was silenced by SUNY, SYRACUSE. They would not allow him to speak publicly to med students after THe Myth of Mental Illness was published. HAD SZASZ NOT BEEN SILENCED CUNY WOULD HAVE BECOME A CENTER OF SZASZIAN THOUGHT. Hollander knew that and that is why he silenced Szasz and fired Ron Leifer and ERnest Becker. HAd Szasz not been silenced I believe there would be at least a thousand Szaszian and Szasz influenced psychiatrists today. They would be an influential minority.
    Process theology is esoteric but thanks to Claremont Institute there
    are a few thousand clergy and educators who believe in process theology.Schools of theology spread because they had a center where students went to learn, e.g., University of Chicago (Eliade), Union Theological (a range of liberal theologians often with radical political views), Princeton Theological–a center for Calvinism. (I realize the limits of the analogy but imagine thousands of med students taking Szasz’s classes at a public University! ) Michael fails to take into account that if Szasz failed it was because the establishment put a sock in his mouth and made sure his influence was restricted to those hyper- intellectuals who read his books–not medical students with a desire for another perspective. (Laing was slightly more successful since some of his students created a Laingian space at Duquesne University. I am critical of the reduction of Laing’s thought to phenomenology)
    Part of the tragedy of the mental health system stems from the fact that in the late 1970s Psychiatry willingly placed their power in the pharmaceutical companies–they changed their rules so they could accept drug money. Had Szasz not been silenced there would be a large faction fighting this, screaming when Dr Joe Biederman took millions of dollars from Johnson and Johnson to propagate a new illness: childhood(“pediatric”) bipolar disorder–and said Risperadol(made by J and J) was the best treatment.(His test was bogus.) Biederman should have gone to prison—-think of all the very active kids who are labeled bipolar and kept on drugs forever. Instead he went to teach in Florida. Harvard found him an embarrassment and fired him. As he basks on the beaches in the Florida sun I hope he thinks of the millions of kids whose lives he has ruined. If a 3 year old has a temper tantrum instead of being sent o his room, parents are taught to put her on strong drugs–Risperadol is an “anti-psychotic” and it causes diabetes, cardiovascular problems, tardive dyskinesia, and apathy. Great training for a career as a mental patient. The same kid who in 1970 would have been sent to his room.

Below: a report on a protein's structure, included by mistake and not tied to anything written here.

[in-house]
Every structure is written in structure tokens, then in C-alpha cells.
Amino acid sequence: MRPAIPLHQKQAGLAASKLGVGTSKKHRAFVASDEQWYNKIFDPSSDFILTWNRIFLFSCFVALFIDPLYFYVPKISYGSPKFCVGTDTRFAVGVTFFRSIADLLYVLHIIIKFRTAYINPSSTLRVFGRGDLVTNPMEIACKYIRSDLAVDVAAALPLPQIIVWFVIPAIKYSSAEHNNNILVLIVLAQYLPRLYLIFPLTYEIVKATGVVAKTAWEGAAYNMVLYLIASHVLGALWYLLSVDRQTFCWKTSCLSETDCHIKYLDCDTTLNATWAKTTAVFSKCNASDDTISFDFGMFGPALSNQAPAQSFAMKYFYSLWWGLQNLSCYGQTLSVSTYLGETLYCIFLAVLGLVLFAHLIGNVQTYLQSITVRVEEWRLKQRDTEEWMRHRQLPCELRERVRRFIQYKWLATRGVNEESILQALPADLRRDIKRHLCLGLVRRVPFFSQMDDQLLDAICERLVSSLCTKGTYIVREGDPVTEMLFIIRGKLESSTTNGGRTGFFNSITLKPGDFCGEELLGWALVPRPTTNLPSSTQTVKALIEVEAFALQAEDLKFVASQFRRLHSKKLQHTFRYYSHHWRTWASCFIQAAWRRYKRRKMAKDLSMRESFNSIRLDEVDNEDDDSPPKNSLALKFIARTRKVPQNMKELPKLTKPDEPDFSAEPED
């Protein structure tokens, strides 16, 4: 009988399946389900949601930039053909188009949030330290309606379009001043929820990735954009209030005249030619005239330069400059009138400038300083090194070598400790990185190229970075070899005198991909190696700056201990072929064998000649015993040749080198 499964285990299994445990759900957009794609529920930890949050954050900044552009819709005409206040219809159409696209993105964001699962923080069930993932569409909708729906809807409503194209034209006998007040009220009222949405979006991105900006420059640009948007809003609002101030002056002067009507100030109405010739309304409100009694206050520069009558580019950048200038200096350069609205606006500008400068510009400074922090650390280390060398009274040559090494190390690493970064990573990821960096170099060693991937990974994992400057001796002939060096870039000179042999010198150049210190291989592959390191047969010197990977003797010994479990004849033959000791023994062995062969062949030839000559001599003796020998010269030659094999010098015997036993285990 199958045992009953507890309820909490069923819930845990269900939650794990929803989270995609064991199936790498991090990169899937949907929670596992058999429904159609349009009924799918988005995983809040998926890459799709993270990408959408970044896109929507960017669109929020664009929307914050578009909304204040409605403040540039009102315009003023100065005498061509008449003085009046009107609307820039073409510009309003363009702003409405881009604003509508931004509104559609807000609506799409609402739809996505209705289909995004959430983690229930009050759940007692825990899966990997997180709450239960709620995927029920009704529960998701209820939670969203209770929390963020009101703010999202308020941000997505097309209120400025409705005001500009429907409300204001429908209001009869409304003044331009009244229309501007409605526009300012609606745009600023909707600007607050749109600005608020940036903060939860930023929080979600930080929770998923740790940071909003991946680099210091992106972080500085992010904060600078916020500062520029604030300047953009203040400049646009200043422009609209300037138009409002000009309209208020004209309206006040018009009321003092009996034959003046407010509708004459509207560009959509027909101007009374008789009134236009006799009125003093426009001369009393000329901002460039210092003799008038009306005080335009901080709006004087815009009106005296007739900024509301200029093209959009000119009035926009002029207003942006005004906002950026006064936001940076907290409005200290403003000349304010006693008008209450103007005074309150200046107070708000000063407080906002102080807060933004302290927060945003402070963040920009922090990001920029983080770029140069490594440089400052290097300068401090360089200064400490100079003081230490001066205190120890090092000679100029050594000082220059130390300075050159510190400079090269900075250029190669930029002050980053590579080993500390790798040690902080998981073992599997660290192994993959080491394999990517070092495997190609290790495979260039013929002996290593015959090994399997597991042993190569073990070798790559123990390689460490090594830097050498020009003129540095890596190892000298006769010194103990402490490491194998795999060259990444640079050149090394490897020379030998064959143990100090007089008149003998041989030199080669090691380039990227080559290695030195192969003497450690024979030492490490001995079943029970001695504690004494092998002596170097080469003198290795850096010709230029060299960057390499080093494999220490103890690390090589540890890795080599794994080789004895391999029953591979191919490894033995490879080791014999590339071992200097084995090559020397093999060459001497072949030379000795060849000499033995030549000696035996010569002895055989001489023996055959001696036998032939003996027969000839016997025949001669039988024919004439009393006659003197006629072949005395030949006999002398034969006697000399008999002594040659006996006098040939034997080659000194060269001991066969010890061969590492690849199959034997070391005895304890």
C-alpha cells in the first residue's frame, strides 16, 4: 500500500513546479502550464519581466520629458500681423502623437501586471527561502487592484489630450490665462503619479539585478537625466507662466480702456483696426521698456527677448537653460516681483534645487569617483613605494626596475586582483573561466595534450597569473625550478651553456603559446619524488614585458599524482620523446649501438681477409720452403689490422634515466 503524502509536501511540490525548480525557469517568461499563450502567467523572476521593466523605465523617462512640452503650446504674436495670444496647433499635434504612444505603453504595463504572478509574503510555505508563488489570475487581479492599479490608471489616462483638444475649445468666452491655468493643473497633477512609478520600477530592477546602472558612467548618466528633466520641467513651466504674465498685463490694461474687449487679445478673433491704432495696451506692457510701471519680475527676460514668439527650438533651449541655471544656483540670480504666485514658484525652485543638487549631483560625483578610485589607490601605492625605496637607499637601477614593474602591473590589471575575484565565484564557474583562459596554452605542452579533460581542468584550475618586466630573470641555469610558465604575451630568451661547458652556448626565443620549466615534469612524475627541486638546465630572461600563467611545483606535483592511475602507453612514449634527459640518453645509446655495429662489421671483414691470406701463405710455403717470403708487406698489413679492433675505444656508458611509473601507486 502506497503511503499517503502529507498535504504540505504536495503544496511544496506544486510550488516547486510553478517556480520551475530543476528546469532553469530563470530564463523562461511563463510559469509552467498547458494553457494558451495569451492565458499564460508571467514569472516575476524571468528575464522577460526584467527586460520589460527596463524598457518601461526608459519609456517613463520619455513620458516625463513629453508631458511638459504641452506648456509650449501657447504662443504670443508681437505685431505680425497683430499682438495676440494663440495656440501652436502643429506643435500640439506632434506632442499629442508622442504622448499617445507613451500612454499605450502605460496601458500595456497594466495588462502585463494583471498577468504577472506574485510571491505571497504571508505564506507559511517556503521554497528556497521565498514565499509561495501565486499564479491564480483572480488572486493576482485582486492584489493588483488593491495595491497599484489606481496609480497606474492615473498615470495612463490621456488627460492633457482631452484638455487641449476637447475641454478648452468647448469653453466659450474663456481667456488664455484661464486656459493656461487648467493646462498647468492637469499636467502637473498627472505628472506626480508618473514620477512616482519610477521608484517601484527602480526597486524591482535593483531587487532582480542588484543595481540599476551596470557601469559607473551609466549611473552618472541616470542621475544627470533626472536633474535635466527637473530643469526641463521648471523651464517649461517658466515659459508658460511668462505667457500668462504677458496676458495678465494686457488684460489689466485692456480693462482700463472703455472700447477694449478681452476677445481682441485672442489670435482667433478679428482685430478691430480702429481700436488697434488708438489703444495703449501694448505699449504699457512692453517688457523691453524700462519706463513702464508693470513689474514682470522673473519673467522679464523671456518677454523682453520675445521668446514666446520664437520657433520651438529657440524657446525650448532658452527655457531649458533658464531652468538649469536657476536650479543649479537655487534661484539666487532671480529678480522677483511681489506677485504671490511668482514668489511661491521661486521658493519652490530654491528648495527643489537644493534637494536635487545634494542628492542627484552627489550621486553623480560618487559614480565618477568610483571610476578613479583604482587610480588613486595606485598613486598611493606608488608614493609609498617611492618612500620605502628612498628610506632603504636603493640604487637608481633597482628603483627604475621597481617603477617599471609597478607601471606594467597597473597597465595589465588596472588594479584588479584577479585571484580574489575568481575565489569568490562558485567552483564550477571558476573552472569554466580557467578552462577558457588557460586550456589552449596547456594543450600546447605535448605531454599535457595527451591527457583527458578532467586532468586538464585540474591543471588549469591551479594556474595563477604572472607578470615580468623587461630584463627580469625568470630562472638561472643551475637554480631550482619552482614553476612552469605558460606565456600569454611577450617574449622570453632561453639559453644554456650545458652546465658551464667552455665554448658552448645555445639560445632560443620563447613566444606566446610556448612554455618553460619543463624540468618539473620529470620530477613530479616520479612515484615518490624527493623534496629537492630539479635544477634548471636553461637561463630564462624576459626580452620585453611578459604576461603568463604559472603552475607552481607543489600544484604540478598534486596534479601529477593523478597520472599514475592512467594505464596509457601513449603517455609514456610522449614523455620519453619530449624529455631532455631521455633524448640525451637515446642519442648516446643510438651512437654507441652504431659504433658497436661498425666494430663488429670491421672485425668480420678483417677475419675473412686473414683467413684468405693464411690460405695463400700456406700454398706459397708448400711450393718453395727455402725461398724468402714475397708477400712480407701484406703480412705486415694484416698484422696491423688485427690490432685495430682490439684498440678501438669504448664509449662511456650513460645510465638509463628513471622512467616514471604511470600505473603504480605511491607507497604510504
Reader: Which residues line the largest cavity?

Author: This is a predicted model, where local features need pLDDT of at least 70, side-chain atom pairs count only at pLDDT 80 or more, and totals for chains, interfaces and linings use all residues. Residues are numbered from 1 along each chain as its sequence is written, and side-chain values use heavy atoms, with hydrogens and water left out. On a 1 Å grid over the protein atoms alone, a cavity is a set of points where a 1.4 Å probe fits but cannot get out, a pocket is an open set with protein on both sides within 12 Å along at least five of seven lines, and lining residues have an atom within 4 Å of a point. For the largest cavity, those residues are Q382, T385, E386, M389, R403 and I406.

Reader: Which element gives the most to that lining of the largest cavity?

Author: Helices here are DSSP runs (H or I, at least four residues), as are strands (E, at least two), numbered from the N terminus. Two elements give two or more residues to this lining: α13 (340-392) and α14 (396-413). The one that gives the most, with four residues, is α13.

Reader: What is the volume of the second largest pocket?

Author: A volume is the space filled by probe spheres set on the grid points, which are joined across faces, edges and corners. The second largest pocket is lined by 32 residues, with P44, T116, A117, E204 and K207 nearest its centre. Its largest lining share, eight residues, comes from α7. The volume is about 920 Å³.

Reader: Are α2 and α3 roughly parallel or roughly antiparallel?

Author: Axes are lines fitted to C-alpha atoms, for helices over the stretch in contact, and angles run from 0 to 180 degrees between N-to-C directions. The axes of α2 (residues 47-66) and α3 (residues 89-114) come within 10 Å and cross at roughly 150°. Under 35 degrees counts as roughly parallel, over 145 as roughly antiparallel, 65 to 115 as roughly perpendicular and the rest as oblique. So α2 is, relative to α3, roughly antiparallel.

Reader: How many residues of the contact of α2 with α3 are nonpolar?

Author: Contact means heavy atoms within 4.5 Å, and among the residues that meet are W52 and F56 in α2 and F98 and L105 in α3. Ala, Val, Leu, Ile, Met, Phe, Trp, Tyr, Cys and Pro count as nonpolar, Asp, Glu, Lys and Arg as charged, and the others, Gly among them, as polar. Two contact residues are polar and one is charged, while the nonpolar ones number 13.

Michael points out that recently the British counterpart to the APA endorsed Szaszian ideas–rejected the medical model– without mentioning Szasz. This is evidence that Szasz’s ideas would have spread here among psychiatrists if he wasn’t silenced.
    Trailler writes:”The notion that the issue of psychiatrists refusing to release patients has most to do with either violence or inability of the patient to care for himself is hyper-proclaimed. What goes on most often is that psychiatrists want you to thank them or want your “friends and family” to see who’s boss, so that they will know who to call when they tire of you.” It is true that hospital psychiatrists make the decision. While the psychological factors Trailler mentions are true there is a stronger systemic factor. The patient will be kept there if there are empty beds and Medicaid will pay the bill. Then the shrinks and the staff will see danger and pathology—and money, money money.
    Seth Farber, Ph.D.
    http://www.sethHfarber.com

  45. Hi Seth, As ever, kindness inevitably creeps in every available chink in your remarks after distinguishing your viewpoint along certain lines of difference to the one that is the putative object of your reply. Now, I just am seeing your post today. Not because of very profound distress, but because of enough of it, I take breaks from all sorts of the instantaneous life the Internet keeps available for us. And this change of seasons happens to coincide for me with another time of coming back to the portals. Since you bothered to submit my comment to the litmus test of your own perspective, I receive the pleasure of re-stating my case in double, because , as we see, Michael still adds to the thread. So, it’s to the point of clarifying some comments for the spotlight that puts on his original contributions… as he might benefit from eavesdropping. (I was deeply moved, too, Seth, by your article on “Gloria” and have wanted to see your continued updates to your advocacy position.)